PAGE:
Raw materials supply and livestock update

Source: Raw materials supply and livestock update | The Herald December 9, 2016

0812-1-1-UNTITLED-1Low maize stocks are available from traders. Acquiring maize from South Africa is a rigorous process with the National Biotechnology Authority and is posing serious logistical challenges. All imports are being supervised to prevent diseased maize being imported.

Clearance at the border is taking up to 10 days and delays in bank approval and payments requiring a lead time of up to 47 days is making the situation more critical. Manufacturers are particularly exposed as suppliers now require payment up front.

The Zambian ban remains in place and an audit of stocks is being carried out. However, the maize is finding its way into Malawi which has a bigger shortfall than Zimbabwe. Zambian maize might be released next year.

There is a surplus of soya in the region, particularly in Malawi and Zambia, and meal from Zambia is trading at $640/t and at $640 – $650/t from SA. Local soya beans are trading at $640/t. Wheat bran is currently available at $175/t bagged and collected and maize bran is in short supply.

There is limited activity in the cotton industry and a shortage of cotton meal on the market. Only 28 100t of cotton seed was produced this year and most of it was purchased by Cottco. One expresser will start processing cotton seed and supplying cotton meal in the coming weeks. Government has expanded input supply into the cotton producing areas with a targeted acreage of 240 – 300 000 hectares.

Stocks of molasses from Hippo Valley are very limited and trading at $130/t. Imported molasses is trading at $160/t. Regarding premixes and additives, external suppliers are having difficulties being paid and there are some stock outs of product. Usually, by this time of the year, most manufacturers have secured supplies to take them through the festive season but the situation is very different this year.

Livestock identification and traceability systems workshops LITS workshops were held in Bulawayo and Harare on November 15 and 17, respectively. Both meetings (120 participants in Bulawayo and 144 in Harare) were well attended by stakeholders in the livestock industry that included livestock producers, stud breeders, farmer’s unions, abattoir operators, veterinary services, relevant Government departments and the Zimbabwe Republic Police.

LITS is an individual animal identification and tracking system that identifies the animal from place of origin right through to the point of consumption. The system enables effective risk management in disease control and food safety and the framework has seen rapid adoption by countries that specialise in livestock trade and has become a prerequisite in international trade of livestock and livestock products.

The aim of the workshops was to review the LITS process with the objective of drafting a framework applicable to Zimbabwe that can be implemented by stakeholders.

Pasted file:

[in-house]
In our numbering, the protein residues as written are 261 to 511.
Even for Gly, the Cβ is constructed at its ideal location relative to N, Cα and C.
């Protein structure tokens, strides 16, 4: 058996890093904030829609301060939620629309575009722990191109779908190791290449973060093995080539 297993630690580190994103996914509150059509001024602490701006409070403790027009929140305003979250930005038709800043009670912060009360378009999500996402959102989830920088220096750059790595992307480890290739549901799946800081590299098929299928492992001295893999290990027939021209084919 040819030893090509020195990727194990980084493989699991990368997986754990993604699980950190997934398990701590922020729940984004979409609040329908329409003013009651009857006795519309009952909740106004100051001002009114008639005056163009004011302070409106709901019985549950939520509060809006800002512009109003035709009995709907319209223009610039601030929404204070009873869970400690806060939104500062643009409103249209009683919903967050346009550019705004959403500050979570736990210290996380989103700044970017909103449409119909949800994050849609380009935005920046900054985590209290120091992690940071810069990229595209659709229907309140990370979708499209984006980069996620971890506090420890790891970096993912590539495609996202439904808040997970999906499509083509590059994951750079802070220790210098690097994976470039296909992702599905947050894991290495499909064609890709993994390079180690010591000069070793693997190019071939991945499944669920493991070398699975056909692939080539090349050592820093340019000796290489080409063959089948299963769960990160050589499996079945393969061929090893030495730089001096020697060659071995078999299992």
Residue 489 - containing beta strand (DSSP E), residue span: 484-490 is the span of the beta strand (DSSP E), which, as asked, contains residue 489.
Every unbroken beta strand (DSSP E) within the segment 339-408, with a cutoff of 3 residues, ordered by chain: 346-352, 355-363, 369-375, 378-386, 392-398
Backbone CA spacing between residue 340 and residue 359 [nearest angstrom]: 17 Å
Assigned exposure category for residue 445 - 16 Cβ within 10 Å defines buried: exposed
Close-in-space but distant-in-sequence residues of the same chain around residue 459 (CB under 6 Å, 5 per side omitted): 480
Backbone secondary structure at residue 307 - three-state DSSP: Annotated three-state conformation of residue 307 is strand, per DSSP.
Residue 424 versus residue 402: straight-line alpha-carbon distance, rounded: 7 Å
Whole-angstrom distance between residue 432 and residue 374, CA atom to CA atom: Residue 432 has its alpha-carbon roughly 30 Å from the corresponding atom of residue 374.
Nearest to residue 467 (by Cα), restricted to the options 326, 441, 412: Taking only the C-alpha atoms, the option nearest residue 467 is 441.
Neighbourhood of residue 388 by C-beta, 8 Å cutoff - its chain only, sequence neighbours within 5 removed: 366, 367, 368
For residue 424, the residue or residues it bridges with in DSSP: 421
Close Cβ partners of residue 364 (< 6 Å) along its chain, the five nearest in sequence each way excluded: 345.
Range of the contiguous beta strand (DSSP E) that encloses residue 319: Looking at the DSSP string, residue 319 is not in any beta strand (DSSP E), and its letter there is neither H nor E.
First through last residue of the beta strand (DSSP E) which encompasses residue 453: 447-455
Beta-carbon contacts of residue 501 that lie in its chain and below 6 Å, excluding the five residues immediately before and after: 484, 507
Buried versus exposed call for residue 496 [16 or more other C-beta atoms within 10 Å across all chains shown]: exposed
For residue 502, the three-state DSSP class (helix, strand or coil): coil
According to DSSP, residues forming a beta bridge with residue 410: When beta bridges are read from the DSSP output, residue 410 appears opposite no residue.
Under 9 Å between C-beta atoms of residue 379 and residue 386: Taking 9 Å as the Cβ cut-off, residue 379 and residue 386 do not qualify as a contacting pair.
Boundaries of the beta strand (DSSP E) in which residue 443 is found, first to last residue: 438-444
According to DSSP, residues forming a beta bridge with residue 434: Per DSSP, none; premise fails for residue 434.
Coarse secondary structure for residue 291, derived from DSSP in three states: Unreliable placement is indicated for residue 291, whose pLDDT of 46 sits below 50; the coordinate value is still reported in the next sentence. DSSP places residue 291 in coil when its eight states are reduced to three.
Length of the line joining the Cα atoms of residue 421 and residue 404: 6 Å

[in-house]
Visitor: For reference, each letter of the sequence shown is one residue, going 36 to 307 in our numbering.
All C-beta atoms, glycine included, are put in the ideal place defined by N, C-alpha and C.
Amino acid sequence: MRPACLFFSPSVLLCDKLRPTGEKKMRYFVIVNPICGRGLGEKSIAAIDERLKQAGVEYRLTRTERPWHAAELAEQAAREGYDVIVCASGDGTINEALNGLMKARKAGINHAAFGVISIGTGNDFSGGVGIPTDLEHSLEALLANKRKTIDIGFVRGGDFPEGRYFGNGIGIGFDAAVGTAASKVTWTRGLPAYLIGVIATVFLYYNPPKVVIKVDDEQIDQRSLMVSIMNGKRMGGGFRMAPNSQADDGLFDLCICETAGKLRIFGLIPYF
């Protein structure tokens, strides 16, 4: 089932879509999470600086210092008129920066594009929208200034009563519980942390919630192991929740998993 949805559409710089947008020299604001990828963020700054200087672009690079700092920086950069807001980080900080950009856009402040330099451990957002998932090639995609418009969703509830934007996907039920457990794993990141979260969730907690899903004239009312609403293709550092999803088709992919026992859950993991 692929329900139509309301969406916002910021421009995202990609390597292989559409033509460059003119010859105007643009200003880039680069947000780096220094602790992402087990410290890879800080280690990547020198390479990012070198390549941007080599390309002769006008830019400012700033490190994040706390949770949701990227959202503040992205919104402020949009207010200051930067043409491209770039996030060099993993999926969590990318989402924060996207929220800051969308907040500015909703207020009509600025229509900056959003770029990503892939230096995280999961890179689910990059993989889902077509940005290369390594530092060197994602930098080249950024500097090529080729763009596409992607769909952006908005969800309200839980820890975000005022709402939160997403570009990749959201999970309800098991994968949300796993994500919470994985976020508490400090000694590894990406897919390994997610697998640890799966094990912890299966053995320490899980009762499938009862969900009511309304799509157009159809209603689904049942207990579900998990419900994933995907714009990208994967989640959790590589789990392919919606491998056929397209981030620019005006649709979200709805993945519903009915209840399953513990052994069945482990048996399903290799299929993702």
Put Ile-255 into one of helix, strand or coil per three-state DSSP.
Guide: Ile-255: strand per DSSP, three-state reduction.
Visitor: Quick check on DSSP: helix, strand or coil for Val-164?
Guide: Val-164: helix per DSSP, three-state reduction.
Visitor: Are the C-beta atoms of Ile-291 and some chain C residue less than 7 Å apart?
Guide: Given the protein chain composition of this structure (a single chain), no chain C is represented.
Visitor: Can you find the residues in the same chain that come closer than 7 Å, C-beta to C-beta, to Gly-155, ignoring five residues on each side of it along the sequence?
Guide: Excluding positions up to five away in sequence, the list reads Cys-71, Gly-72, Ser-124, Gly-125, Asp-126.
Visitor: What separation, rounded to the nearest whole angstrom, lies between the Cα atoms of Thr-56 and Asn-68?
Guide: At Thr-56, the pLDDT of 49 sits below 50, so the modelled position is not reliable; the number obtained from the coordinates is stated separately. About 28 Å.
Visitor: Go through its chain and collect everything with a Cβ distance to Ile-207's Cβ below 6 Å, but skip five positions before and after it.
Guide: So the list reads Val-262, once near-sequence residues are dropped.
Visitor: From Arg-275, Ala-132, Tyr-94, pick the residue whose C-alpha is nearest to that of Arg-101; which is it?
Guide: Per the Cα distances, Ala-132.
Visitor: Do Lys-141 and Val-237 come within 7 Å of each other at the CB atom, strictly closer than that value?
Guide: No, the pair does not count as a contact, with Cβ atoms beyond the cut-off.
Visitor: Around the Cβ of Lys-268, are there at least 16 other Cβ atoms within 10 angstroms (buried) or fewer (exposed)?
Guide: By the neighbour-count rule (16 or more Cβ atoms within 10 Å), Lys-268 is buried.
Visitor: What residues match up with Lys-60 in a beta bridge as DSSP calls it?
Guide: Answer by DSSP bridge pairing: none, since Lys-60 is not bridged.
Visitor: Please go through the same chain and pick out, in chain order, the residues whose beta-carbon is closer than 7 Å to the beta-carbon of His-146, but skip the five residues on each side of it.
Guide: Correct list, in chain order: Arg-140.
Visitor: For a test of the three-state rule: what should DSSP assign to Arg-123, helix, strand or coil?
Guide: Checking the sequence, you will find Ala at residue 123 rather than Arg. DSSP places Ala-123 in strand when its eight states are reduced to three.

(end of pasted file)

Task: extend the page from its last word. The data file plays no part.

The advantages of implementing LITS include:

Increased effective management in disease identification and control.

Improved access to markets by facilitating veterinary movement permits and police clearance certificates.

Participants sought clarity on various issues related to LITS which included

The cost of implementing the system and who would bear the cost;

A cost/benefit analysis of the LITS framework against the system already in use;

Whether LITS could be adapted for use at the farm level and thus prevent duplication an alternative system at the farm or holding level.

The security of the laser printed ear tag that will form an integral part of the identification system.

Zimbabwe Association of fish producers
At the most recent Council meeting of the ZFPA, it was agreed fish that consumption patterns and the potential role of fish farming in improving livelihoods should be included in national food and nutrition statistics. The following objectives were also mooted:

A fish industry policy framework and development strategy will benefit the sector. Enhancing inclusive development of the sector and value chain and identify appropriate roles for the different stakeholders in developing a competitive industry.

Aquaculturalists to promote fish farming and train farmers, needs to be fully exploited.

Best practices from other African countries will be modified to suit the Zimbabwean context.

Priority areas for capacity strengthening, critical for sustaining development of the fish farming industry, will be identified.

Milk production October 2016

Milk production in October 2016 was 5,6 million litres, being similar to production in September and an increase of 12 percent over October 2015. Total milk production for January to October 2016 was 54,3 million litres compared to 47,6 million litres during the same period in 2015, showing a year-on-year increase of 14 percent.

Meat Processors Association of Zimbabwe
At the last Council meeting, concern was that delays in procuring import permits and hold ups in clearing consignments at the border are causing disruptions in industry operations. Production has to be suspended when meat processors run out of imported mechanically deboned meat (MDM), affecting operations and capacity utilisation.

Imported MDM is the key ingredient in the local manufacture of the large range of value-added processed meat products produced in Zimbabwe.